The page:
When Marcia and I left Las Vegas and drove eastward into Arizona on Monday, the day’s high temperature was about 115° F. This morning, when I got up early for my coffee, the thermometer read 35º F, and it has only risen into the high 50s at the sunny peak of the afternoon. So that use of “chill” in the title today is literal, not figurative, especially since we’ve done our usual mixes of forced marches throughout the days, with not a lot of time allotted to slugging about and relaxing. While temperatures across the Southwest have dropped dramatically over the past few days, it’s especially noticeable in Flagstaff, sitting at about 7,000 feet above sea level. No wonder Arizonans from the scorched bits of the state down south come up this way for summer reprieves.

This is our second visit to Flagstaff, and we find it to be a most appealing destination. One of our favorite things about it is the stellar job that the city’s leaders and managers have done in protecting, preserving and activating incredible outdoors spaces within the city limits. There is a tremendous network of mixed use paths known as “FUTS” (for “Flagstaff Urban Trail System”), along with an equally rich spiderweb of single-track cycling trails and more hardcore hiking trails out of the city and into the surrounding mountains. There are wonderful views and vistas to be seen on pretty much every trail we’ve strolled, most especially looking up toward the San Francisco Peaks and (especially) Humphreys Peak, which towers over the region with its summit at about 12,700 feet above sea level. The (mostly) pine forests in and beyond Flagstaff’s municipal boundaries are also wonderful, creating shady groves with open sight lines, and framing most of the scenery one might choose to snap while ambling about.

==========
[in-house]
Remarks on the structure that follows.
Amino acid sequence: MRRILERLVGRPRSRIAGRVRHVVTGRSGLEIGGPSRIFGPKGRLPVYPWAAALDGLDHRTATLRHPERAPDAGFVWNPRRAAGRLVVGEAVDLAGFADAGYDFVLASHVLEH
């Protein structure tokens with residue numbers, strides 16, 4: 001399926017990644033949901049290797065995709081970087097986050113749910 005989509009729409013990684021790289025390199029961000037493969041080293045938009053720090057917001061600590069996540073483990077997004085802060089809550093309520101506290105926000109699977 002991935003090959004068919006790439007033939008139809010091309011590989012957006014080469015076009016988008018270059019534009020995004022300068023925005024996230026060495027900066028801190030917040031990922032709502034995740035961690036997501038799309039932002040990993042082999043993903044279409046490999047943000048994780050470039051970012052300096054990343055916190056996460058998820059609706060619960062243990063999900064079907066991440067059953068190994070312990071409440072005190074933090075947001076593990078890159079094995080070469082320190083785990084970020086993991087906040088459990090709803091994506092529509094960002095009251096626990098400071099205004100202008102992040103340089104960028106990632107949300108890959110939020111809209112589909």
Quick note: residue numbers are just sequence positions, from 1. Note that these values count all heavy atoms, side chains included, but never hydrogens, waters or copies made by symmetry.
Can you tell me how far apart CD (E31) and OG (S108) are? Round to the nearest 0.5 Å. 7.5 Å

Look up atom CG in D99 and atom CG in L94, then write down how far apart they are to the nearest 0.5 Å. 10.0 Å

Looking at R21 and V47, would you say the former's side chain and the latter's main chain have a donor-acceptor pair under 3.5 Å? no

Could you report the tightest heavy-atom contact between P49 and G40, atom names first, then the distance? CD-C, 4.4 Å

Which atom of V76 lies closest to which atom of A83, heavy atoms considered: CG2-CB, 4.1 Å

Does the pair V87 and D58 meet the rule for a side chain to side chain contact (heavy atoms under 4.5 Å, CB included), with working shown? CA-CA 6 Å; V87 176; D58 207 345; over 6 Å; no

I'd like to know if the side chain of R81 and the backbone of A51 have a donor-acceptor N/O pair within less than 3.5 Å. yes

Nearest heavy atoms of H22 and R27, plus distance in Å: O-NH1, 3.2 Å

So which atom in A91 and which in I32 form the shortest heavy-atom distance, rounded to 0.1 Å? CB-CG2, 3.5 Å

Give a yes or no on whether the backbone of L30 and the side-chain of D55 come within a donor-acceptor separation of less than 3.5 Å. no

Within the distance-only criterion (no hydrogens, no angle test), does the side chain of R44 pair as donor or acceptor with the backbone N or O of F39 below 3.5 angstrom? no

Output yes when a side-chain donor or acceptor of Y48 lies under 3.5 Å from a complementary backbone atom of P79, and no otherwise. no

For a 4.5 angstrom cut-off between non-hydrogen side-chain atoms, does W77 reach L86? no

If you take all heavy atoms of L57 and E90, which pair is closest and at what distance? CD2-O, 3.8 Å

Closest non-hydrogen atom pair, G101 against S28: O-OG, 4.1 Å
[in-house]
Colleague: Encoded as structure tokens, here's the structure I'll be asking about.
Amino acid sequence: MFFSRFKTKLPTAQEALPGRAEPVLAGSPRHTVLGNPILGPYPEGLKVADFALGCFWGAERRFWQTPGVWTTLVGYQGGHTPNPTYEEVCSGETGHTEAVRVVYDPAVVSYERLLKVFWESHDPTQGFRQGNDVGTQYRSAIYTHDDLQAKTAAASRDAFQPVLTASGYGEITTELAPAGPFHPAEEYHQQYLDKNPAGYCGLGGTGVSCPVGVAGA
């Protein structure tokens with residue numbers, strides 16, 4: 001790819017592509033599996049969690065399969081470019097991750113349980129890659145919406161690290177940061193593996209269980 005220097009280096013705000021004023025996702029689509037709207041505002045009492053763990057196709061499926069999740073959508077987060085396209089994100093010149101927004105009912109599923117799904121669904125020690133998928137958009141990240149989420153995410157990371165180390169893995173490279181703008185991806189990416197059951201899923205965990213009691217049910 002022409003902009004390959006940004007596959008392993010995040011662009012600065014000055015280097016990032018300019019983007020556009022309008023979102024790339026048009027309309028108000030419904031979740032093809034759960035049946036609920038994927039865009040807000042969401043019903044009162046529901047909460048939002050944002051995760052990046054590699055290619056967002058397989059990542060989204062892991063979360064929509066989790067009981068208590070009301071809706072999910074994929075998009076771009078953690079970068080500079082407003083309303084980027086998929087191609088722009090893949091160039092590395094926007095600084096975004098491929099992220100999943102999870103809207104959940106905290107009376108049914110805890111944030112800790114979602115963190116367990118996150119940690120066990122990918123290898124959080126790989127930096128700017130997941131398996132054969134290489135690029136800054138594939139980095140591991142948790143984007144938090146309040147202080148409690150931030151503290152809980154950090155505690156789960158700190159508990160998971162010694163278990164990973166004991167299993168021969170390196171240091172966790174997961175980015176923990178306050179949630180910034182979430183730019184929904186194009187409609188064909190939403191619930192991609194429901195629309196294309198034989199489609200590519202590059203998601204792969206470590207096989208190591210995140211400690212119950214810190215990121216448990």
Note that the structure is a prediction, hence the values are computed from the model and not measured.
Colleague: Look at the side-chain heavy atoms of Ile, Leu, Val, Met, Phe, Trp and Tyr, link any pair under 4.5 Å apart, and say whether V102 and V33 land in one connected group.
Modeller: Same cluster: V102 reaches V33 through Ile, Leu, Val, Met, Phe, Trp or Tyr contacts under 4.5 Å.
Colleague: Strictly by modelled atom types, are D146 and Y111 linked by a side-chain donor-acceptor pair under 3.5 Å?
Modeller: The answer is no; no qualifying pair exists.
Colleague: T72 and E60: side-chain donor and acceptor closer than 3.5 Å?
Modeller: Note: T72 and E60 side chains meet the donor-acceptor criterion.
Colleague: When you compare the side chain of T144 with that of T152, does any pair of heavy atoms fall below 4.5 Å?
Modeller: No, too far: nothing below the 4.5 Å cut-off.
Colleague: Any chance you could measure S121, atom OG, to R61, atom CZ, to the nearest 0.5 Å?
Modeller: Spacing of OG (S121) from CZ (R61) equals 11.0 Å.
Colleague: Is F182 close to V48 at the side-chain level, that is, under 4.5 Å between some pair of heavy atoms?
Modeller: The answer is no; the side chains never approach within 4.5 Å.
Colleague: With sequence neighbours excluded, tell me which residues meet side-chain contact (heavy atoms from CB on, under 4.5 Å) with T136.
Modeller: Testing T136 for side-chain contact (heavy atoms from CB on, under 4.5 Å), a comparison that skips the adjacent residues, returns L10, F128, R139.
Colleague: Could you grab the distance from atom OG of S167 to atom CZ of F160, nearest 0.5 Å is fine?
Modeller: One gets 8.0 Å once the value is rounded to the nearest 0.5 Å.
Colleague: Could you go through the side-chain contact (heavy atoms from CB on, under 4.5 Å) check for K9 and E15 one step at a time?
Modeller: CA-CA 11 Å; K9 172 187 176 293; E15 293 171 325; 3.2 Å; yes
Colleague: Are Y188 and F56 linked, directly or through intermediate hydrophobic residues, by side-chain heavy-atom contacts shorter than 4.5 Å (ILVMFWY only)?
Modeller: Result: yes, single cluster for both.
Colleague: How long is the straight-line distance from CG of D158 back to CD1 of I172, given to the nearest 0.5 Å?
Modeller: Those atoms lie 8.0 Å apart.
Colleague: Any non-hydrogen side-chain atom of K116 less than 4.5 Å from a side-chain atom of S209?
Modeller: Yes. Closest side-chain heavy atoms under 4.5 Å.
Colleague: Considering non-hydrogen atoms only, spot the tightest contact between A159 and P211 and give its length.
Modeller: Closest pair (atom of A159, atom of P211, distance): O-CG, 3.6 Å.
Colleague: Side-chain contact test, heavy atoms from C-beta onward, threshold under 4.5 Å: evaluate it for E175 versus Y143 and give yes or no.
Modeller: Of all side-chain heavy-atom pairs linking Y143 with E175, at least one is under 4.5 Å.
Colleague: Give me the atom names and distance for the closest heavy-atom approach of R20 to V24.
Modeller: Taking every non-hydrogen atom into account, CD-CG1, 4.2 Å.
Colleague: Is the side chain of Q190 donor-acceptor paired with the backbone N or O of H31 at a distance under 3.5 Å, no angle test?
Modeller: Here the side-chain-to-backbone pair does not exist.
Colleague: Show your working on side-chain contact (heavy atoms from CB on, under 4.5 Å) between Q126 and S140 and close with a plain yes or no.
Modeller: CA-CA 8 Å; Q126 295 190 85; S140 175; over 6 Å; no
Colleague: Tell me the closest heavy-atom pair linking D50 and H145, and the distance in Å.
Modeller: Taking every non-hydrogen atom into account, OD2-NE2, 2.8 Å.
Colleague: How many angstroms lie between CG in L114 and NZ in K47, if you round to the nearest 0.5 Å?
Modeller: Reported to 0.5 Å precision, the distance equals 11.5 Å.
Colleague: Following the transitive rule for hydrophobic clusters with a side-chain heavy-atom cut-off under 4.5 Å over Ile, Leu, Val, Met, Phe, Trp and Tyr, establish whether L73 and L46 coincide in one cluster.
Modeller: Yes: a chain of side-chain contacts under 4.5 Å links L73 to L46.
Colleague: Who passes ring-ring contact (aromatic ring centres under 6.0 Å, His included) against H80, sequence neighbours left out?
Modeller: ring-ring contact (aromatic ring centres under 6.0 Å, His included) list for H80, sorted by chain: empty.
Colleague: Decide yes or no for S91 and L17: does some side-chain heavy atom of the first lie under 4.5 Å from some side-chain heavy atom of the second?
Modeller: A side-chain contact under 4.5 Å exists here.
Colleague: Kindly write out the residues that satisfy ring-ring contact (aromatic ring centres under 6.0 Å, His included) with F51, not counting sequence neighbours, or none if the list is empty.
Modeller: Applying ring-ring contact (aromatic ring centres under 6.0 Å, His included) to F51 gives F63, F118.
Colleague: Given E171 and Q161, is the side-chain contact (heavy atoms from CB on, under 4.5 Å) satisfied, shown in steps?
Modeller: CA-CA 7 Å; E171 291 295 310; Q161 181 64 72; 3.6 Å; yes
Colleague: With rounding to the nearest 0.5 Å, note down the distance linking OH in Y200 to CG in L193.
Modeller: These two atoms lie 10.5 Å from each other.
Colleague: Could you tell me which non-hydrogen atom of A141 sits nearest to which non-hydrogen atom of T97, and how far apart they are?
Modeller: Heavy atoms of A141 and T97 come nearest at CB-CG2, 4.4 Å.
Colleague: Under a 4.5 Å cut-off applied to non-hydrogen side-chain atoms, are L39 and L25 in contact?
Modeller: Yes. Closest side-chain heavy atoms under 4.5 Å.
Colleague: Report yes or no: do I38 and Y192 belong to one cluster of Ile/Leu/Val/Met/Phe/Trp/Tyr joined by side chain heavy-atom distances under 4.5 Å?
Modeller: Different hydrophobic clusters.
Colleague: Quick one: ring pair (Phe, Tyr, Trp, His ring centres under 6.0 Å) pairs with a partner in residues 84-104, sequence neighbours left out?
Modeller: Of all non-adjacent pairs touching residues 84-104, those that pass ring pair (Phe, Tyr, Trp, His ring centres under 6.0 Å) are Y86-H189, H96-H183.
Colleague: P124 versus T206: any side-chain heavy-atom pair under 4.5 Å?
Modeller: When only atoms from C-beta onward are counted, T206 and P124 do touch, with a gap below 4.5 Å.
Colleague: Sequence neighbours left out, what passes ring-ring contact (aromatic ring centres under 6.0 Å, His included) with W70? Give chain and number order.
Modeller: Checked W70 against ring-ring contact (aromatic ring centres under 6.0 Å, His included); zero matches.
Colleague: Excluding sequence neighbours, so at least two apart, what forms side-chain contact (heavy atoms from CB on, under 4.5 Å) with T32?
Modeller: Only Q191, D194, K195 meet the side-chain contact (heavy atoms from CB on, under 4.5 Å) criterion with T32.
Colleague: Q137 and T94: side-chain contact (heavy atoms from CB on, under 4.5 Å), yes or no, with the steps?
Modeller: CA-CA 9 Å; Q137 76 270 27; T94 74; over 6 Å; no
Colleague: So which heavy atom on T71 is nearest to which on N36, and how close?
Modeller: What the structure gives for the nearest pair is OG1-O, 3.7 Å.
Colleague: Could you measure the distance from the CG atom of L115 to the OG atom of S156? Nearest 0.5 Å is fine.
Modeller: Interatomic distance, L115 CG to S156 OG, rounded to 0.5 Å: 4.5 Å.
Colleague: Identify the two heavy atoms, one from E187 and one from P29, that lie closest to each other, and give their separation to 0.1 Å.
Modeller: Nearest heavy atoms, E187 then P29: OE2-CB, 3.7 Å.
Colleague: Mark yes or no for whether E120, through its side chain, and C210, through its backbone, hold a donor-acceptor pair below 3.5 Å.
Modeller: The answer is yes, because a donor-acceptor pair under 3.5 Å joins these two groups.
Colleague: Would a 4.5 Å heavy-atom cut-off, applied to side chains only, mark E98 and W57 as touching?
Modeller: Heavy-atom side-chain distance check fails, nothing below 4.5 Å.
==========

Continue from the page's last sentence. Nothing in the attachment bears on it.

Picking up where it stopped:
I include some such snaps below, noting that every one of these images was captured within either walking distance or a short (10 minutes or less) drive from our hotel, smack in the middle of the busiest downtown part of the city. Add in the benefits of Flagstaff’s “dark sky” policies on urban lighting (designed to protect Lowell Observatory, which also resides within city limits), and you’ve got a tremendously natural feeling urban environment, one which most other cities would do well to emulate. We will be here through Friday, with some side trips to the Sedona area, for house-hunting and general regional acclimation. It’s very exciting and enjoyable to consider living near here in a mere couple of months!

Old and Out of the Way

Marcia and I are in Las Vegas this weekend, visiting Katelin and John. The trip out was our first foray through airports since March. If you had told me a year ago that I ever would or could ever get on a commercial airplane looking like this, I’d have bet good money against it.

The Des Moines airport was not very crowded. There should have been plenty of room to safely socially distance in the terminal while awaiting our flight. But, of course, Iowa’s elected officials have done a terrible job in setting examples and providing rules for the Anno Virum, and many of the State’s residents have embraced that lethal disrespect for others that oozes down from above. So we experienced aggressive jerks at the airport invading other people’s safe personal spaces, and/or refusing to understand that a mask worn over your chin and neck is not really a mask at all. As, frankly, we expected. Sigh.